EMA to handle E-911 addressing services
DOVER-FOXCROFT — The county’s 911 addressing services will now fall under the jurisdiction of the Piscataquis County Emergency Management Agency (EMA) with EMA Director Tom Capraro serving as the E-911 addressing officer, after the county commissioners approved the restructuring during a Nov. 1 meeting.
“As you know Todd Lyford resigned as E-911 addressing officer,” Capraro said. “A lot of the 911 stuff you can pretty much do in your office,” he added, saying programs such as Google Maps can now be used to save a trip out in the field.
Lyford’s resignation was accepted by the commissioners last month, and talk then suggested these duties could be shifted to the EMA, which Capraro said handled E-911 addressing over a decade ago. Capraro said his agency could today handle E-911 services, at a reduced cost.
“I think we can cut the budget down to $4,000, which we can run out of our office and basically cut that budget in half,” he said, saying 20-25 requests for E-911 addressing are made at the county level annually.
“This will be a major step forward for our customer service,” Interim County Manager Tom Lizotte said. He said calls can now simply be transferred to the EMA office, rather than trying to track down the E-911 officer .
In other business, Lizotte reported that the annual public hearing on the county and unorganized territory budgets will be held on Monday, Nov. 28 at 7 p.m. in the commissioners’ chambers at the Peaks House at 163 East Main Street.
“It looks like we are in very good shape for the budget, this is the earliest we have ever been done,” he said. “Usually it’s done a few weeks into November.”
Lizotte said the estimated tax commitment for the county budget is down by 2.23 percent to just over $2,287,000 for the 17 towns and two plantations in the region. For more information on the county and unorganized territory budgets, please see Lizotte’s story on page 3.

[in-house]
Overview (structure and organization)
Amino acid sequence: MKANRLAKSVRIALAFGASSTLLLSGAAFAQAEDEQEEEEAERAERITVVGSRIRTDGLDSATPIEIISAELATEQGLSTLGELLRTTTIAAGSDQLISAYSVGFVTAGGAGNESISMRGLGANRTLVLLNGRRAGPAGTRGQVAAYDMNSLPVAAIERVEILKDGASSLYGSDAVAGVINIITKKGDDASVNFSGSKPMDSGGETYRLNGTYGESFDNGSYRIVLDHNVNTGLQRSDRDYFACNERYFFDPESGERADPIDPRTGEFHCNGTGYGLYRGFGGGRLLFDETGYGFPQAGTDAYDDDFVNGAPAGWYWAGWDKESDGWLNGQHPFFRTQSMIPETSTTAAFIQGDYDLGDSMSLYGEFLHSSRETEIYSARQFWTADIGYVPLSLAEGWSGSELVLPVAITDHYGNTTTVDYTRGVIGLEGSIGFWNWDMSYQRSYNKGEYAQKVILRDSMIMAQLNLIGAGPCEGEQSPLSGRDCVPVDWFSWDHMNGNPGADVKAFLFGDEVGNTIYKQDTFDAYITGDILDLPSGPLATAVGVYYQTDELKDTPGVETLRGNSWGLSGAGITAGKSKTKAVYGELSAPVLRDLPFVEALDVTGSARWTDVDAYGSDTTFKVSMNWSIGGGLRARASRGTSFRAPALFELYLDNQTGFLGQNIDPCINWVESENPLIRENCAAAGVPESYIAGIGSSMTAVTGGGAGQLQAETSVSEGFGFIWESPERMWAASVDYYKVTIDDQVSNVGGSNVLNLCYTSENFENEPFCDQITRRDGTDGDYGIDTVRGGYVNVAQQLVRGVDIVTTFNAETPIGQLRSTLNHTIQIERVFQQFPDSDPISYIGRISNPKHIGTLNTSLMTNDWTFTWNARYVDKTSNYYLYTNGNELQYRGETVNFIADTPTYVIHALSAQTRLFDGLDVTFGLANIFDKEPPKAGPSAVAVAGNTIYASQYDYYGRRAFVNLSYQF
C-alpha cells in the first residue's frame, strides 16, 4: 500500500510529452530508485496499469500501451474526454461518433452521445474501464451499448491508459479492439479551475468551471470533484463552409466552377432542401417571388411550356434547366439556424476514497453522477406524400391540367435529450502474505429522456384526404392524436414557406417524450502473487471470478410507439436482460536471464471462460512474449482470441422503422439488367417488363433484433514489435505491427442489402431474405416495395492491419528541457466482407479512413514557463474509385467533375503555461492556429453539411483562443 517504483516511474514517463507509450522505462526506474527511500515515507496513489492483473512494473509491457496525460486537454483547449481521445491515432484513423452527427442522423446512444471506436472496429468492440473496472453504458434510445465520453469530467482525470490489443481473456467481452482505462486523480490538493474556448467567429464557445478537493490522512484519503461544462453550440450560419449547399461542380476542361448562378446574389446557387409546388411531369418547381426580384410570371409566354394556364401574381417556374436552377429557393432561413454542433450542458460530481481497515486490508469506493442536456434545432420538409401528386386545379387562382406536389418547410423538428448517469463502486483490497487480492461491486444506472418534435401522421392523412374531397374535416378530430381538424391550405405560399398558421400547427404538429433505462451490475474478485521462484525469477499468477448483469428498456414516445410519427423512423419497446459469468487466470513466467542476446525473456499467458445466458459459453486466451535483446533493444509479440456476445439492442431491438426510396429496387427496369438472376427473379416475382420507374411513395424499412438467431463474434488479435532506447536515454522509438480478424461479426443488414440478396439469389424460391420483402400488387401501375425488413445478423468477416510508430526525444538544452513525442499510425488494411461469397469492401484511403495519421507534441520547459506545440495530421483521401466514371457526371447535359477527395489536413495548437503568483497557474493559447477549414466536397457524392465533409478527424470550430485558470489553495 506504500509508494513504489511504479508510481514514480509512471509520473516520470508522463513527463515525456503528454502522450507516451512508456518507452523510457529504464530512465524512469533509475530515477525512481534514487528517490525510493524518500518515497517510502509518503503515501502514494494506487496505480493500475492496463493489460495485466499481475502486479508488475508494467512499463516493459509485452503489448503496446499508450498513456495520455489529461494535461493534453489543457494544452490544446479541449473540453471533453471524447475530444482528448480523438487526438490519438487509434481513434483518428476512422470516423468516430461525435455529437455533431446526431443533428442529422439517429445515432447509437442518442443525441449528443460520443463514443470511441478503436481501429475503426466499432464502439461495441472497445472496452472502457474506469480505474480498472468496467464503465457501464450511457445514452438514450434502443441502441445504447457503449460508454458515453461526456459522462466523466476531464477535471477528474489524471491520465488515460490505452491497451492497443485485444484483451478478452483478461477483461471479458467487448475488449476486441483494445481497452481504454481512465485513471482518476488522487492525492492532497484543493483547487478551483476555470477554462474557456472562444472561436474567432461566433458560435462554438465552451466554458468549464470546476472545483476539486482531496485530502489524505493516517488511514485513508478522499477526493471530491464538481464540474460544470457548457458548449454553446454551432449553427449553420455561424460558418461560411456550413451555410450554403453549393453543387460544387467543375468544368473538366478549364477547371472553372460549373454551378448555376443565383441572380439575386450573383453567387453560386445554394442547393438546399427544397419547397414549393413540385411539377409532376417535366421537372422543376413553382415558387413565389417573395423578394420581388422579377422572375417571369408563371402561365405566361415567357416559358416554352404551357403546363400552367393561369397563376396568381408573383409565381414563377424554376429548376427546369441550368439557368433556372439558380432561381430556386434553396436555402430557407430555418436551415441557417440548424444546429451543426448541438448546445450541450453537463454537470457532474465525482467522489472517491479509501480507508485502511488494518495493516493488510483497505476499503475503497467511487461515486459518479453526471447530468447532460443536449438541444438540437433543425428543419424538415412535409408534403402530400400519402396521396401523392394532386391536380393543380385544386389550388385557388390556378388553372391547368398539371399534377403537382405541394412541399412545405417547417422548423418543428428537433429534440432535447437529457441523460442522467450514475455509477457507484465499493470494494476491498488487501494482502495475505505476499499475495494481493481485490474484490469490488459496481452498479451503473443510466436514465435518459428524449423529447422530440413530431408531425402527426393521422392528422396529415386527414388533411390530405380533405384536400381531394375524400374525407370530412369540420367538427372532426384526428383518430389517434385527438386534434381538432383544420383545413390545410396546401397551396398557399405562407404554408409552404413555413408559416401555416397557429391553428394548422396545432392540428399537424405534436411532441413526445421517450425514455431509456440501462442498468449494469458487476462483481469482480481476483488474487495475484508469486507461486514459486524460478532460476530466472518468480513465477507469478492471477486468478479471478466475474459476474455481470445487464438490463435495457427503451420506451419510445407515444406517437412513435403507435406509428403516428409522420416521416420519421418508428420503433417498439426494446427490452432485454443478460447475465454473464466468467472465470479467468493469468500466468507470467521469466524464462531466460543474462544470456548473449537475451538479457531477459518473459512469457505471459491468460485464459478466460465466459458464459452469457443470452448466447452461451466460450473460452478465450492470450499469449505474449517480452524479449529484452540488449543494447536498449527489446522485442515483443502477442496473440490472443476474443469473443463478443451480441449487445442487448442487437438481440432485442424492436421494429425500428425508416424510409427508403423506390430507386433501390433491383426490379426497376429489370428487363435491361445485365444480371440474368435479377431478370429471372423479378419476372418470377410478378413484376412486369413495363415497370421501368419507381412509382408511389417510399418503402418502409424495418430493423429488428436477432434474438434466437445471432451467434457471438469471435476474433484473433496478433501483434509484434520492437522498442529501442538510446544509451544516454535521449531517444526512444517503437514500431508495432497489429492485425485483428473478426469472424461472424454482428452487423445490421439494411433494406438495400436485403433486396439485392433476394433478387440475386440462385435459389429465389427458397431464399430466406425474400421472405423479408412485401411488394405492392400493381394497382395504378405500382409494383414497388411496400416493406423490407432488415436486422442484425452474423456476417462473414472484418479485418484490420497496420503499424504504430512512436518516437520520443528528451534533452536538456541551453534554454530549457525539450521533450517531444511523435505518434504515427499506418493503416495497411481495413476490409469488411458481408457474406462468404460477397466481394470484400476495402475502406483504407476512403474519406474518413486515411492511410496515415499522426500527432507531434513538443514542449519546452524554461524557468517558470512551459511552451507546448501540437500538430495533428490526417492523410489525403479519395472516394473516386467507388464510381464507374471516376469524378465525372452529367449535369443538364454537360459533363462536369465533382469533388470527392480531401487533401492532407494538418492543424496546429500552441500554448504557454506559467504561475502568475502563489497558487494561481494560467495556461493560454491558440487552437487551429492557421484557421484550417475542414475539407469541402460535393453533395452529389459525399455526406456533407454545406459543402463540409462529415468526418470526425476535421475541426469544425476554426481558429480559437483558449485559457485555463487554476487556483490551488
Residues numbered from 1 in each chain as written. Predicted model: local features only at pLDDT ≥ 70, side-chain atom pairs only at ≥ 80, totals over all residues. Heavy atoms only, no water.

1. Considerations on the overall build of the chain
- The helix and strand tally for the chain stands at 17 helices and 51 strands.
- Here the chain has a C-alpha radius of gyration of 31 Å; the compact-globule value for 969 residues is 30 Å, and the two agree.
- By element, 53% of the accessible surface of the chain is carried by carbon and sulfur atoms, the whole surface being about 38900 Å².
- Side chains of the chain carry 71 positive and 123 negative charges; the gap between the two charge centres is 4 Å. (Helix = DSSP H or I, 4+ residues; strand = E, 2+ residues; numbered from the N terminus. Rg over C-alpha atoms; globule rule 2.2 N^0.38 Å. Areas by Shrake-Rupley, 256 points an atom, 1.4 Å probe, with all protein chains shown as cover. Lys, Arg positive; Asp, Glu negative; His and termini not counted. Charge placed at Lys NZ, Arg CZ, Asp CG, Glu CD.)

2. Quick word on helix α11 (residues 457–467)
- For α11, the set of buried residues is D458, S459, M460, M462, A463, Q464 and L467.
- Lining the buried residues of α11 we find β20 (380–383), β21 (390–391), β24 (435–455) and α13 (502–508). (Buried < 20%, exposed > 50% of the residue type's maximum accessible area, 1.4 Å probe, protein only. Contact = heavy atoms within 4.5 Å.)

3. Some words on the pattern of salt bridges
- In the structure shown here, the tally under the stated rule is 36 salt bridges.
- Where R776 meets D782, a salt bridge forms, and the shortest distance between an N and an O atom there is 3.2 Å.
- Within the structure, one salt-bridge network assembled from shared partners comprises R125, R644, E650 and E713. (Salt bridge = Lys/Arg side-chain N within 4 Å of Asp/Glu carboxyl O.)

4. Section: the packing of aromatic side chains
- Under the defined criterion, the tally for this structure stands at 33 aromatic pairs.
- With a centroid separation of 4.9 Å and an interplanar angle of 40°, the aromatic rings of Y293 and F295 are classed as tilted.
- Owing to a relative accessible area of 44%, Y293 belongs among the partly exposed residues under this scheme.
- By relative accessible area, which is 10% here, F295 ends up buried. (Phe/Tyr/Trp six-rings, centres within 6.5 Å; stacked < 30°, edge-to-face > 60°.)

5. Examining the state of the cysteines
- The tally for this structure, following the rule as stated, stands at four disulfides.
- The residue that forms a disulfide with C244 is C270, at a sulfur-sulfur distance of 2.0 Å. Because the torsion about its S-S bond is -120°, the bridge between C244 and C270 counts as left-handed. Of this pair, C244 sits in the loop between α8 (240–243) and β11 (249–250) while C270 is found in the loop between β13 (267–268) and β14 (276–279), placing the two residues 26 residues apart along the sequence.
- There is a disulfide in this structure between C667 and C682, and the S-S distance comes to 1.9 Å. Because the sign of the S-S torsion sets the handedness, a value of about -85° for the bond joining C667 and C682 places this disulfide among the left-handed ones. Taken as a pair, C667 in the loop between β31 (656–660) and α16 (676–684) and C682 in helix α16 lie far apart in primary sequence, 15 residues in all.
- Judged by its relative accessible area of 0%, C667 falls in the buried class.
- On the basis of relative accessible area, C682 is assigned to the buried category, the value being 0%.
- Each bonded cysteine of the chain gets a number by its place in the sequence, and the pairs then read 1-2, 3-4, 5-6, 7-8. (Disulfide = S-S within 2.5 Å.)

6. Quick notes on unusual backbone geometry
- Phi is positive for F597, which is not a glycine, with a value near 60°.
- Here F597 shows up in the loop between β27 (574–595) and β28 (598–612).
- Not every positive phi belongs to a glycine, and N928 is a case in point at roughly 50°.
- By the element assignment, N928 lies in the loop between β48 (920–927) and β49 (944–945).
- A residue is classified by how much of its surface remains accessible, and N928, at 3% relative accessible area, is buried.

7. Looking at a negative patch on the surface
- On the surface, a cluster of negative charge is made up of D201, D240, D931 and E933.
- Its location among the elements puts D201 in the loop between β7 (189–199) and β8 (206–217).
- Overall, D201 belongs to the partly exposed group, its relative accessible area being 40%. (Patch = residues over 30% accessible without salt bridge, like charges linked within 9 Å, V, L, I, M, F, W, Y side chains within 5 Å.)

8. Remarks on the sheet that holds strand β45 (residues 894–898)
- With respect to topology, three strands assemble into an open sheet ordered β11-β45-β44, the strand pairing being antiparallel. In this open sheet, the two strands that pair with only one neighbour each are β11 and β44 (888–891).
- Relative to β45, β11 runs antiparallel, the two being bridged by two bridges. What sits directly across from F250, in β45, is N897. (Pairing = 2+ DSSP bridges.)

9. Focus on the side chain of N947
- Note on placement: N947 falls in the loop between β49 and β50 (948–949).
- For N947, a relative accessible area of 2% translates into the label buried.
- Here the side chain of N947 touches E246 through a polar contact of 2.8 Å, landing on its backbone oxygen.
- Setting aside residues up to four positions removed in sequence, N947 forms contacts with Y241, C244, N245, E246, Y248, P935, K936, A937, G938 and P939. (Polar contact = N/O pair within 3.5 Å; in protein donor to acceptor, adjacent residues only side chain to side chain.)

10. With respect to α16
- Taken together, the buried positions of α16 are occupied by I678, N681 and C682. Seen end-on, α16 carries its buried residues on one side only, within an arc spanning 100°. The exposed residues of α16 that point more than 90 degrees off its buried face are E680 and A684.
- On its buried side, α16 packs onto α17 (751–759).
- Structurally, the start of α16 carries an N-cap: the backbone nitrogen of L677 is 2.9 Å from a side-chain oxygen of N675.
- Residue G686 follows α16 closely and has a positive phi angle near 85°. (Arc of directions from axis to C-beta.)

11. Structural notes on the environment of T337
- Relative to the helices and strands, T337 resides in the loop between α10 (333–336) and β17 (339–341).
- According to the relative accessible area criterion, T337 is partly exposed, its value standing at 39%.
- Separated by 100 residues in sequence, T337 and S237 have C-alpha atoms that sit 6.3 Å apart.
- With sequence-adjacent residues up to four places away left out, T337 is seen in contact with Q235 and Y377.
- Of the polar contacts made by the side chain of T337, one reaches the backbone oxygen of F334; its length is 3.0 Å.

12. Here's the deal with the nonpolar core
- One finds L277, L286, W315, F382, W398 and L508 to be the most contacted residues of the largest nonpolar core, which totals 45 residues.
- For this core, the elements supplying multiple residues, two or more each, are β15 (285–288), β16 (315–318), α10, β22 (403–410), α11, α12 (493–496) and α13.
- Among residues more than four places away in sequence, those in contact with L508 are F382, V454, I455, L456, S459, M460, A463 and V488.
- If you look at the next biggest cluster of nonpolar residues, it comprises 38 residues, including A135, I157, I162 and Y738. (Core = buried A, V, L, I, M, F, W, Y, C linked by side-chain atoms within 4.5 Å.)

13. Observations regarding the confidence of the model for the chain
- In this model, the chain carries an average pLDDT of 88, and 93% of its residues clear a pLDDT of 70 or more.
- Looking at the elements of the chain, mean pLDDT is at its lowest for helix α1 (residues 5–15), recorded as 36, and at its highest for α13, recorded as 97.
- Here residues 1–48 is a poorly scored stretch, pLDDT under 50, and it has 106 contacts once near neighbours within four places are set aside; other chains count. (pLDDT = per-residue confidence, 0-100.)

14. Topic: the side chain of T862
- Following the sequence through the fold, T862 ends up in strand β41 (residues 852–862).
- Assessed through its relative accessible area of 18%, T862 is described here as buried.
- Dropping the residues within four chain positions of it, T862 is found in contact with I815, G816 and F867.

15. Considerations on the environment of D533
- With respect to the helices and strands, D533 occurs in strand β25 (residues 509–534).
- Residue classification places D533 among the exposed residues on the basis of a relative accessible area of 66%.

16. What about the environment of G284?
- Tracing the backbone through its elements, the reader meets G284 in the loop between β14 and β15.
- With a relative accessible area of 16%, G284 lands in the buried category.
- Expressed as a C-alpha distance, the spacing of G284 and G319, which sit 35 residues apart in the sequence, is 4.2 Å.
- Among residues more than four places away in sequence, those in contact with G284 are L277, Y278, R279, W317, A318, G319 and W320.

The interim county manager said the budget committee passed a motion to establish a county-wide task force to address law enforcement needs and processes, specifically looking at defining patrol staff recruitment, coverage, mutual aid, communication, use of vehicles and contracts with towns. The group could be made up of seven to a dozen citizens, town managers and law enforcement personnel from across the area.
The commissioners are scheduled to discuss this item during their Nov. 15 meeting.
In his report, Capraro said recent rain has lessened the drought conditions and the impact on the supply for the Dover & Foxcroft Water District but he is still concerned.
“They still, I believe, also want to do an alternate source,” the EMA director said. The department is planning to lower the intake pipe at Salmon Stream Pond to account for the low water level, but having a well would be the vest solution for the community.
When asked, Capraro said to his knowledge the Dover & Foxcroft Water District is the only such entity coping with a water shortage.